Are energy-efficiency technologies cost-effective?

Yes, the vast majority of energy-efficient technologies are already profitable. However, given the need for initial capital outlay (sometimes large depending on the sector or applications), the returns on investment can take a long time.

Replacing existing equipment with a more efficient model or technology saves energy, and thus reduces the energy bill. But they are often more expensive to buy. To see the economic benefits of energy efficiency, consider the total life of the equipment. In general, the gains made on the energy bill throughout the useful life of the equipment largely offset the extra cost paid at the time of purchase, whether for appliances, lighting or vehicles.

For example, choosing a low-energy bulb, an A+++ energy class refrigerator, a heat pump for heating or a hybrid car is, most of the time, an advantageous choice from an economic point of view; provided, of course, that this effective technology is mature and widely marketed. In some sectors, this is not yet quite the case; for example, electric cars are only beginning to become competitive in terms of total cost (purchase and use) compared with petrol vehicles, a situation that will improve with the expansion of this market [→ Q34].

One of the main barriers to the diffusion of these energy-efficient technologies is their higher purchase price, from 10 to 30% higher depending on the sector and equipment. Households have increasingly tight budgets, and are often unaware of their energy bills. Swiss consumers therefore feel little incentive to choose the most effective solutions. This is especially true of household electricity consumption. The imperceptible nature of this energy and the modest amount of the electricity bill (1-2% of the budget) make attempts to cut consumption unsuccessful, especially since it takes a lot of small efforts to succeed in saving 10 or 20% of electricity, which is not very encouraging.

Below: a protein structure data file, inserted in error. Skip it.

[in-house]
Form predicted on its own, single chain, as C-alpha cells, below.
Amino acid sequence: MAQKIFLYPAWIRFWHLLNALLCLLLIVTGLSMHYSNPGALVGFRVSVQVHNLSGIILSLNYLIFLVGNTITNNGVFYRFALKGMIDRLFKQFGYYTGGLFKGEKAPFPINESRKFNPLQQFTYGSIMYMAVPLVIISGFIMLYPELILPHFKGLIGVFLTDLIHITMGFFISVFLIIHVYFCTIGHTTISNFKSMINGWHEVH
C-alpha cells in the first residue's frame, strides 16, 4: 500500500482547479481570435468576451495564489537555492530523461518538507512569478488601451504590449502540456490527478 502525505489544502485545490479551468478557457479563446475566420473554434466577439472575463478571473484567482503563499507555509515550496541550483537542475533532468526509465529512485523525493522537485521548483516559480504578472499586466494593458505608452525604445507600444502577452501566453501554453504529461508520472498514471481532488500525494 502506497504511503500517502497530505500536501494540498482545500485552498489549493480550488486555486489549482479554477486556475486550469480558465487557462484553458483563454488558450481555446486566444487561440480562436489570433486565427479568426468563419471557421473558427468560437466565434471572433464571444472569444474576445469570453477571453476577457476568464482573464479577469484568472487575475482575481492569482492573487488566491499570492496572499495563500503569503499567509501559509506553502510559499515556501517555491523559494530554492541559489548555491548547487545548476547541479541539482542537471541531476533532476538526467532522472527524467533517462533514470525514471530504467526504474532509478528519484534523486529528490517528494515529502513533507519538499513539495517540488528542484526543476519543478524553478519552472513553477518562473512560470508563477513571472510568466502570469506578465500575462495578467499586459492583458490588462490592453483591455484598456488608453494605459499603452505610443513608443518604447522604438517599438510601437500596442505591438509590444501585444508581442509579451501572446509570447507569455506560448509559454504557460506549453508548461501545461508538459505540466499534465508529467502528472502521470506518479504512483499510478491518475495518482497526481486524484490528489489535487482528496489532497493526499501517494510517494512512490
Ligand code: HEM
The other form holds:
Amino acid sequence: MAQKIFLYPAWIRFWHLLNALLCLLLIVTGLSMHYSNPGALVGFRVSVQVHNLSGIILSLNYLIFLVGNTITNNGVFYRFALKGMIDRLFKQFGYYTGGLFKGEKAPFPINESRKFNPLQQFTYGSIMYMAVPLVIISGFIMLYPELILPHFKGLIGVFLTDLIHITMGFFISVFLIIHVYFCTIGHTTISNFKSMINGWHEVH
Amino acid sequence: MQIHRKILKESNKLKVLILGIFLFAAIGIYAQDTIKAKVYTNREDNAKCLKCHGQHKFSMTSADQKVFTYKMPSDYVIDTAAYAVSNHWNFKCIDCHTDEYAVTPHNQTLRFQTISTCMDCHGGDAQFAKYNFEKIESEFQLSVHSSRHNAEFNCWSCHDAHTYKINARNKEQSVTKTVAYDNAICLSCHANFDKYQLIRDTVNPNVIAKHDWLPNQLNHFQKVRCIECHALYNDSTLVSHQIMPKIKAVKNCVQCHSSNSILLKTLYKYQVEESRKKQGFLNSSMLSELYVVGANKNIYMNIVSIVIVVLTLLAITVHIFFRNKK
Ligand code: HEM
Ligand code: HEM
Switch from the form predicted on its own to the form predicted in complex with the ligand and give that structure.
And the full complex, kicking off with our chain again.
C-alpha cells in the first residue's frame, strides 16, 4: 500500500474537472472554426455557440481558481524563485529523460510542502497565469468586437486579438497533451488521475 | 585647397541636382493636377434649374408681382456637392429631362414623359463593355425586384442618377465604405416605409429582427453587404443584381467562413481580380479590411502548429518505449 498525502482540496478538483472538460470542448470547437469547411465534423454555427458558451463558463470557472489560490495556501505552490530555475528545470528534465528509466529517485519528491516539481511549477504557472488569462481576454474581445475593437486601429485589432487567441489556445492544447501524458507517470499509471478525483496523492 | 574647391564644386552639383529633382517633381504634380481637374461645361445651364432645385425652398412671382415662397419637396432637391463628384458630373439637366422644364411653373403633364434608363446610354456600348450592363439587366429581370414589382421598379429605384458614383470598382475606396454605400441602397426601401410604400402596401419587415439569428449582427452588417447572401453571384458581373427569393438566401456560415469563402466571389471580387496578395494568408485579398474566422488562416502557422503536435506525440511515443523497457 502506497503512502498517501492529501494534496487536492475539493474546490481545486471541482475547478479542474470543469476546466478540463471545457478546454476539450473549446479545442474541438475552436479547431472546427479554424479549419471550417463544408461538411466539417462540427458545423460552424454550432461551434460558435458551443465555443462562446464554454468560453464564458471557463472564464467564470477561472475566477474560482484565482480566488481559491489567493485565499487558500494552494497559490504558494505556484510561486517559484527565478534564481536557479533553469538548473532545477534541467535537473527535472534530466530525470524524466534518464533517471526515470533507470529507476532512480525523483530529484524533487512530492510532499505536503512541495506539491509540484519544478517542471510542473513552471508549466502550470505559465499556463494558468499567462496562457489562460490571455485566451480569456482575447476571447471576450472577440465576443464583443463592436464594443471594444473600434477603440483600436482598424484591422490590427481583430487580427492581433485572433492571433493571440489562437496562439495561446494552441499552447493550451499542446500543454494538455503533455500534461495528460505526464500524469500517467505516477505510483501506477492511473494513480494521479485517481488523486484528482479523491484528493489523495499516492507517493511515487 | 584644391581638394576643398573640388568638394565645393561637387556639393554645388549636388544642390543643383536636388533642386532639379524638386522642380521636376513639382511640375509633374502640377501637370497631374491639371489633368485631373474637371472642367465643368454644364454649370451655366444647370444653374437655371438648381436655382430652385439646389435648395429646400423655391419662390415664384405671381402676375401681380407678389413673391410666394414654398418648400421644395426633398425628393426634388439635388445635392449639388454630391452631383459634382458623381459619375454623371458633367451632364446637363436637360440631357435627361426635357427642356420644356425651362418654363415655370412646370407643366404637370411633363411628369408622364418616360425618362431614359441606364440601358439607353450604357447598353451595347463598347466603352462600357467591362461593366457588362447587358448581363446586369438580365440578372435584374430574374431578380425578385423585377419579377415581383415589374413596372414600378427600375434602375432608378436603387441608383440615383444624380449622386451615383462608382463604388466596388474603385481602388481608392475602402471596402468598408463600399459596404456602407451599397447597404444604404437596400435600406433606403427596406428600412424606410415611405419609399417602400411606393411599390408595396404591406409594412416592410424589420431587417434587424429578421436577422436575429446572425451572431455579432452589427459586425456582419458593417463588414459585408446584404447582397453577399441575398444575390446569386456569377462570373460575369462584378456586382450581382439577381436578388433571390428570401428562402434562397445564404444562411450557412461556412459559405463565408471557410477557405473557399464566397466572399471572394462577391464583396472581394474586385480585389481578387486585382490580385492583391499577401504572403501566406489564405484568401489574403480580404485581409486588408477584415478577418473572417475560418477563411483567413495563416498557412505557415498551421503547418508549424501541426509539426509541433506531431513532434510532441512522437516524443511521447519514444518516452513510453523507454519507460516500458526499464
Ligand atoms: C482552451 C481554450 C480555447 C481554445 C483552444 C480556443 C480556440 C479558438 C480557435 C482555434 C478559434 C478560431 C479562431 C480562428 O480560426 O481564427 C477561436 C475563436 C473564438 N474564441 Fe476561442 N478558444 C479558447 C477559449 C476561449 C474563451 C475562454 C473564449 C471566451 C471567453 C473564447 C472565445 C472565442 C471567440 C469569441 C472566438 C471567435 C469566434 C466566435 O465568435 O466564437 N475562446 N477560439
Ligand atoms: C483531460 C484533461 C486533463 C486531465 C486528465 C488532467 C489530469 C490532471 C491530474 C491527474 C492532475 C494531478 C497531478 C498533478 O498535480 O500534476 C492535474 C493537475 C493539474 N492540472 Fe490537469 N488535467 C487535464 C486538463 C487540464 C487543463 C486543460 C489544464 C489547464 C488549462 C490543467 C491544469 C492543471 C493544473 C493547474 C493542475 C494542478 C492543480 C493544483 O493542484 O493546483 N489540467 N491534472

This situation is exacerbated in the building sector. Energy retrofitting offers return-on-investment times of between 20 and 30 years on average, given the high costs of renovation. Moreover, the economic advantage does not appear to be very attractive in the short term, as the monthly energy bill remains low compared to the amounts invested. Furthermore, since energy bills are often paid by tenants, landlords have little incentive to undertake costly energy renovation work [→ Q82].

In addition to the issue of costs, the implementation of energy-efficient technologies is hampered by the fact that old equipment is only very gradually being replaced by new equipment. We renew equipment when it comes to the end of its life or becomes obsolete: 5-10 years for household appliances, 12 years for cars, 20 years for boilers. As for buildings, renovations (with energy retrofitting) are performed only every 30 to 50 years on average. This inertia in the renewal of equipment and the retrofitting of the building stock makes it all the more crucial to make the right choices at the outset, and to opt for energy-efficient solutions when purchasing new appliances or when choosing to renovate a building [→ Q99].

It would be necessary today to move away from the notion of investment costs to communicate in terms of lifetime costs, which would allow energy-efficient technologies to express their financial advantage [→ Q97].


Agence de l'énergie pour l'économie (AEnEC) (2019)
(). Economies de coúts et d’énergie. [Online]. Available at:
Office fédéral de l'énergie (OFEN) (2018)
(). Directive - Conventions d’objectifs conclues avec la Confédération et visant l’amélioration de l’efficacité énergétique.